By Sean Mcneill posted Feb 28th, 2014 at 10:46am

WHAT’S LENGTH GOT TO DO WITH IT? In the case of Jim Clark’s new ocean racer under construction at Hodgson’s Boatyard in Boothbay Harbor, Maine, quite a lot, or so says skipper Ken Read. Ken Read’s eyes light up when talking about Jim Clark’s newest ocean-racer project like a child at Christmastime who’s just unwrapped a Red Rider BB gun. The guilty pleasure lies in the fact that this is no ordinary 100-footer (if one can be ordinary). This yacht is designed to be a full-on record-breaker. You name the race or passage—Transat, Transpac, Bermuda, Fastnet, Hobart, to name but five—and it’s likely a target on their project whiteboard.

“This boat is going to be so cool,” says Read, Clark’s skipper and the President of North Sails who has experienced all types of campaigns—from J/24 World championships, to the America’s Cup and Volvo Ocean Race—in his decades-long experience in the sport. “This type of project isn’t for everyone, but it has a cool presence that will hopefully do the sport good, whether you’re a cruiser or a racer.”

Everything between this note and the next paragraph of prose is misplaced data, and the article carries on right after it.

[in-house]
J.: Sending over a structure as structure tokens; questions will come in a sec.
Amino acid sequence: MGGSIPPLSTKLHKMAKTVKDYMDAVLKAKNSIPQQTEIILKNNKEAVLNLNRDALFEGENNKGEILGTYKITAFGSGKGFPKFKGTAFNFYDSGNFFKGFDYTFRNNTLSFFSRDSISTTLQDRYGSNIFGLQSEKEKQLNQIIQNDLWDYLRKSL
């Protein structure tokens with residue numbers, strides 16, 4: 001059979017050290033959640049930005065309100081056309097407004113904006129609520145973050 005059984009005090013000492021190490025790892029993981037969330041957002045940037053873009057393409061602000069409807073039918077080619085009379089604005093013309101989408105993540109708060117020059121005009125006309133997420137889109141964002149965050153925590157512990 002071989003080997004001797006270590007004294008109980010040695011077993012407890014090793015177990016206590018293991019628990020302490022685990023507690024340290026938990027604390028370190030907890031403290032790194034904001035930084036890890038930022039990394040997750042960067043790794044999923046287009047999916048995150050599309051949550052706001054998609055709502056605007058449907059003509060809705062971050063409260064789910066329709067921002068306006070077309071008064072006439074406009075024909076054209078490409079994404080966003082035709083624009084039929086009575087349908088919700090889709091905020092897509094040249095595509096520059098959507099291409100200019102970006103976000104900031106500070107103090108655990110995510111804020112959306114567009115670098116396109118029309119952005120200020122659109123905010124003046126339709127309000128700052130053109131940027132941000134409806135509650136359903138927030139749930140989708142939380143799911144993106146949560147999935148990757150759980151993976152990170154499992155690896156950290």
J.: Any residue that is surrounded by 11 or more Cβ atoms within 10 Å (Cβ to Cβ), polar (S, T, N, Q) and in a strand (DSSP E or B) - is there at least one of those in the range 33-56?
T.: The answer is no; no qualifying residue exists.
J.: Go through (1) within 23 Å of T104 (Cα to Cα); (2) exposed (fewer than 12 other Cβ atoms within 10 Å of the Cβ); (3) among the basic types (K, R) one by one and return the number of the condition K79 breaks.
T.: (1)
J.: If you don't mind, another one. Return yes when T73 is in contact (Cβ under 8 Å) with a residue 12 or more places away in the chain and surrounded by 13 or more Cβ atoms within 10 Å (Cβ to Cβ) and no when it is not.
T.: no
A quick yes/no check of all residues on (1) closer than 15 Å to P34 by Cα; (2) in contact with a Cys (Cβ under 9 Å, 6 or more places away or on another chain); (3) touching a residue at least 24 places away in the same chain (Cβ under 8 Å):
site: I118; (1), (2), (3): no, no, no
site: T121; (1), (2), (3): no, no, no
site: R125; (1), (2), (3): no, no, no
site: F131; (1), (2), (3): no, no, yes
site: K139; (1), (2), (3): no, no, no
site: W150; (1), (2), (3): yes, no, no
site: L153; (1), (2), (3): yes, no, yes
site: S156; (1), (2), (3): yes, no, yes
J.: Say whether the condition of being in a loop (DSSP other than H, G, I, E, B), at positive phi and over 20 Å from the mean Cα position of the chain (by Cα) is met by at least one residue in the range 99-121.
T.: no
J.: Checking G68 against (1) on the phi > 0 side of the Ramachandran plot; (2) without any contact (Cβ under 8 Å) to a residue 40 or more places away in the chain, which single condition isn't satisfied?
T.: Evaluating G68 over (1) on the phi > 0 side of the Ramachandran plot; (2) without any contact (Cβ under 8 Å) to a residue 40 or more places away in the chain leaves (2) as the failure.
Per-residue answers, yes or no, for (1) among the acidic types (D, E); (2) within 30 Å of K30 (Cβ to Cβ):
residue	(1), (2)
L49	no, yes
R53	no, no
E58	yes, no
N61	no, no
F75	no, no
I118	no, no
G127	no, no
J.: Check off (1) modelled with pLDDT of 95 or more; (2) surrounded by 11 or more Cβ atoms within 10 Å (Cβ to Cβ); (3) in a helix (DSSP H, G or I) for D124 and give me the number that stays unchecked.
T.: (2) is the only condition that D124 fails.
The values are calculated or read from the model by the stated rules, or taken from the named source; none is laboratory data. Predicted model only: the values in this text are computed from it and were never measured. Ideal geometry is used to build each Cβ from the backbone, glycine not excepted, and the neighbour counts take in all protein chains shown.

Building a 21st century record-breaker is no small feat. It requires a plethora of designers to tank test scale models and run computer simulations, and there’s the “swat team” of boatbuilders to cook the pre-preg carbon-fiber hull and deck structures. All told, upwards of 32 people have contributed some input to the design and build through active participation or consultation. What will set this boat apart, says Read, is power, and lots of it.


They explored a lifting keel but determined it added too much drag for the desired upwind performance. Water-ballast tanks will aid stability, and fore and aft trim.

That makes it nearly identical in length, slightly lighter, and significantly wider and deeper thanWild Oats XI, the Reichel/Pugh maxi that has won line honors in the Rolex Sydney Hobart Race a record-equaling seven times. But with the mast stepped farther aft than Wild Oats XI, Read says Clarks’ yacht will look strikingly different.

“It’s going to be long, wide, and stable,” says Read. “With its power-to-weight ratio, there’s been nothing like it before. From a stability standpoint it’s a little stiffer, a little lighter, and with a little more sail area than Speedboat (the Juan Kouyoumdjian-designed 100-footer that’s now called Perpetual Loyal).”